demure

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English[edit]

Etymology[edit]

From Middle English demure, demwre, of uncertain formation, but probably from Old French meur (Modern French mûr) from Latin maturus. The "de-" is "of", as in "of maturity".

Pronunciation[edit]

  • (UK) IPA(key): /dɪˈmjʊə(ɹ)/
  • (US) IPA(key): /dɪˈmjʊɹ/
  • (file)
  • (file)
Distinguish from pronunciation of demur

Adjective[edit]

demure (comparative demurer, superlative demurest)

  1. (usually of women) Quiet, modest, reserved, sober, or serious.
    She is a demure young lady.
    • (Can we date this quote by W. Black and provide title, author's full name, and other details?)
      Nan was very much delighted in her demure way, and that delight showed itself in her face and in her clear bright eyes.
    • 2014 January 21, Hermione Hoby, “Julia Roberts interview for August: Osage County – 'I might actually go to hell for this ...': Julia Roberts reveals why her violent, Oscar-nominated performance in August: Osage County made her feel 'like a terrible person' [print version: 'I might actually go to hell for this ...' (18 January 2014, p. R4)]”, in The Daily Telegraph (Review)[1]:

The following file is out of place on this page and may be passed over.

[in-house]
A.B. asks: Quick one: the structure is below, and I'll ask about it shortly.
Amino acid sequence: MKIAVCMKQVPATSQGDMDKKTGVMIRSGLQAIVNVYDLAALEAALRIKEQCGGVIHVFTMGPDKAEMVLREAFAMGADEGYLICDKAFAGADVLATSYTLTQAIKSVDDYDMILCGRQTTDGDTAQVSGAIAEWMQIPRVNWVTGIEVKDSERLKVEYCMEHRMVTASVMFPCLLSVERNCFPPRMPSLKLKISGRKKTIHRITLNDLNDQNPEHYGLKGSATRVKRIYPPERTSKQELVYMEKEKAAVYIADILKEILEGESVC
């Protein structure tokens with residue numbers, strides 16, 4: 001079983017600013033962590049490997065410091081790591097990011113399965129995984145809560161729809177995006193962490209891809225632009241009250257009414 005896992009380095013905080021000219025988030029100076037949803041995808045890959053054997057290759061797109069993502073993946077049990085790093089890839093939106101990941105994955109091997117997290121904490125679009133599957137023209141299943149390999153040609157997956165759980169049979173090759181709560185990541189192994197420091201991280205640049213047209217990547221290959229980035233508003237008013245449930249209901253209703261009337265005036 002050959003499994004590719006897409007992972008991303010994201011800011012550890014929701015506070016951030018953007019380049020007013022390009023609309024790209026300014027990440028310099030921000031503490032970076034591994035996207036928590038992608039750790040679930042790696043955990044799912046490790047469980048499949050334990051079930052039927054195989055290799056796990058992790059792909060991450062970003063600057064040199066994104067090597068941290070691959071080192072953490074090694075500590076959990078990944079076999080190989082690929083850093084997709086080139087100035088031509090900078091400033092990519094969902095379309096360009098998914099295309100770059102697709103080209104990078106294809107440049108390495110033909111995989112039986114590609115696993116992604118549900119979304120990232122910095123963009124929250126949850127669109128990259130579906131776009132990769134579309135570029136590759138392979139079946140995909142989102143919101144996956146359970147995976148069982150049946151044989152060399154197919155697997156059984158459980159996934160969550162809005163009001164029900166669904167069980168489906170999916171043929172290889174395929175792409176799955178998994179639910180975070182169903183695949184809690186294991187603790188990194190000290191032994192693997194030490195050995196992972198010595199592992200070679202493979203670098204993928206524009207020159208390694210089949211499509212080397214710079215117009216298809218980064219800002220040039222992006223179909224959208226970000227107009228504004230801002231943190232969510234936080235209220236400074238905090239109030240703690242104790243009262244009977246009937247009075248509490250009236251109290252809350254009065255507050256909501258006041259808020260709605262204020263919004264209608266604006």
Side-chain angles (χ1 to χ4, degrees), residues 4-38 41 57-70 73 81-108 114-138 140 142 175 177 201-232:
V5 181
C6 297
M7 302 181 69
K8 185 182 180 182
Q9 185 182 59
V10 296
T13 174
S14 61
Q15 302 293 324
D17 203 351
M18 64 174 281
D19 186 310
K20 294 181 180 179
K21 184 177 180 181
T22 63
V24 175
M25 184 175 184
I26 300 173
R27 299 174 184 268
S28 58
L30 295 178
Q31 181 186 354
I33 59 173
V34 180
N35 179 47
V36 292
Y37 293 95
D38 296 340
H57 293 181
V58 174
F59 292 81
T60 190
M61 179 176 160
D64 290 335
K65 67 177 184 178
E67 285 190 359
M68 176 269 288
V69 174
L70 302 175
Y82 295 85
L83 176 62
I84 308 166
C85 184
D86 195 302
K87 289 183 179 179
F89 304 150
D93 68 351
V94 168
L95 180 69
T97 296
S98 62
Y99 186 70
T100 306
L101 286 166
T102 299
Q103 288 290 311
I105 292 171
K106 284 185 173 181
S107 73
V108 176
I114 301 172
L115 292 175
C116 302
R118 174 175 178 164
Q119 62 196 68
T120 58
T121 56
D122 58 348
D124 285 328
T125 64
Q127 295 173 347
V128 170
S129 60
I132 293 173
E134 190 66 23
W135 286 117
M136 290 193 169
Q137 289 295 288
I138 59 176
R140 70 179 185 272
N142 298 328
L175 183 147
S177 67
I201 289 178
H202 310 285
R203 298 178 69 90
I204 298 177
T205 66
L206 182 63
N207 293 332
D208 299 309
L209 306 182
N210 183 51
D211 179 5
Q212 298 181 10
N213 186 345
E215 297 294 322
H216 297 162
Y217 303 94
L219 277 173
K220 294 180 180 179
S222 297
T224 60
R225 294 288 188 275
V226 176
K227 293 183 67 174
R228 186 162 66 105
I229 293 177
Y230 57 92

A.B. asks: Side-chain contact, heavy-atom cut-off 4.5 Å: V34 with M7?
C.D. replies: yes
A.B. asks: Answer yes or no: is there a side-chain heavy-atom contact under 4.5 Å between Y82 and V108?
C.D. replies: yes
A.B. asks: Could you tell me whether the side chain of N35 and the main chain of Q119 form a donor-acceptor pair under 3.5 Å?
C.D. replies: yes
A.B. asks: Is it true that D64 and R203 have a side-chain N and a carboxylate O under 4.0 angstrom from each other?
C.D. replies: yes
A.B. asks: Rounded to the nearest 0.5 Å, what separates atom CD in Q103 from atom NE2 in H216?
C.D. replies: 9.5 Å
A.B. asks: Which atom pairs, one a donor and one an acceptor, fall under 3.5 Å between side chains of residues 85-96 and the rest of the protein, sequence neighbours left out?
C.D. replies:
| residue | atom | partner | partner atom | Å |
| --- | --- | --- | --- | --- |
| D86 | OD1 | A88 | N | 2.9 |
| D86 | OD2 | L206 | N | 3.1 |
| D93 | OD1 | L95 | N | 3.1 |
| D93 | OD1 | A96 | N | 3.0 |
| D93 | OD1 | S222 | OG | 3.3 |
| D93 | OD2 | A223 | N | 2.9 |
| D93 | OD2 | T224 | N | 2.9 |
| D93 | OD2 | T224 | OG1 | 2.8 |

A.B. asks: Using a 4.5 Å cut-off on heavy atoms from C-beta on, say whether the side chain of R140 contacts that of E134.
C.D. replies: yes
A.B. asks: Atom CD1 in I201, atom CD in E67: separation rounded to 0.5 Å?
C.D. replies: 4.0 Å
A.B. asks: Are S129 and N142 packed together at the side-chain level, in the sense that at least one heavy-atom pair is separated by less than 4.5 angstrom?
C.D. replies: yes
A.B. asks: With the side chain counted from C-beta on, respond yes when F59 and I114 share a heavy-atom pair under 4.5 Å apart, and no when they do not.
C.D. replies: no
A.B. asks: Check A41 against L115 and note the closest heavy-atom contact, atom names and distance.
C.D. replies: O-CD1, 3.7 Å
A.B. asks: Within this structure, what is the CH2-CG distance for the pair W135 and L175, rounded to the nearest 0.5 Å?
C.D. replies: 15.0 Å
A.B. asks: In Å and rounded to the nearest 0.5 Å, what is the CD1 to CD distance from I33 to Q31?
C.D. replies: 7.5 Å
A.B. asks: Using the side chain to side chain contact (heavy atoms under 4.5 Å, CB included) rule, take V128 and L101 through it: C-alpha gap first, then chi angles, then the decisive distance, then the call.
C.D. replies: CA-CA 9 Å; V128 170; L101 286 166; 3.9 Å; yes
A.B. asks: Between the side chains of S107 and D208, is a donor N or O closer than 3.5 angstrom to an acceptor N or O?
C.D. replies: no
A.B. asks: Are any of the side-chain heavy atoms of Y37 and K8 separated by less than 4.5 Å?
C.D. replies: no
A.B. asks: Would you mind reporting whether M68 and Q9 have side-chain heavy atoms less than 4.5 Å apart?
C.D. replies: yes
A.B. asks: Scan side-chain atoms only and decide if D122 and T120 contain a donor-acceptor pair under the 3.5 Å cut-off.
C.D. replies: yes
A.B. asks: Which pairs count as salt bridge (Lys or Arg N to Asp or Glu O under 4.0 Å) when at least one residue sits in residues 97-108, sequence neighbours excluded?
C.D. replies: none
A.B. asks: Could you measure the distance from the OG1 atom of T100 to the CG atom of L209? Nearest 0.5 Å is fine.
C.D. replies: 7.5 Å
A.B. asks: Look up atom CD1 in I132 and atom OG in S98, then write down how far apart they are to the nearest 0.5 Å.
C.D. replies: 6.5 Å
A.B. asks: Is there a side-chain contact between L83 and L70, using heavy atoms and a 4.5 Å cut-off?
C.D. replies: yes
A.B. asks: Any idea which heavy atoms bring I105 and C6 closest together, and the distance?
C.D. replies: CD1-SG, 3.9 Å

[H]owever hard she pushed the tough-talkin' shtick, she remained doe-eyed, glowing and somehow unassailably demure.
  2. Affectedly modest, decorous, or serious; making a show of gravity.
    • (Can we date this quote by L'Estrange and provide title, author's full name, and other details?)
      A cat lay, and looked so demure, as if there had been neither life nor soul in her.
    • (Can we date this quote by Miss Mitford and provide title, author's full name, and other details?)
      Miss Lizzy, I have no doubt, would be as demure and coquettish, as if ten winters more had gone over her head.

Derived terms[edit]

Translations[edit]

Verb[edit]

demure (third-person singular simple present demures, present participle demuring, simple past and past participle demured)

  1. (obsolete) To look demurely.
    • 1623, William Shakespeare, Antony and Cleopatra (act 4, scene 16, line 30)
      Your wife Octavia, with her modest eyes [] shall acquire no Honour Demuring upon me.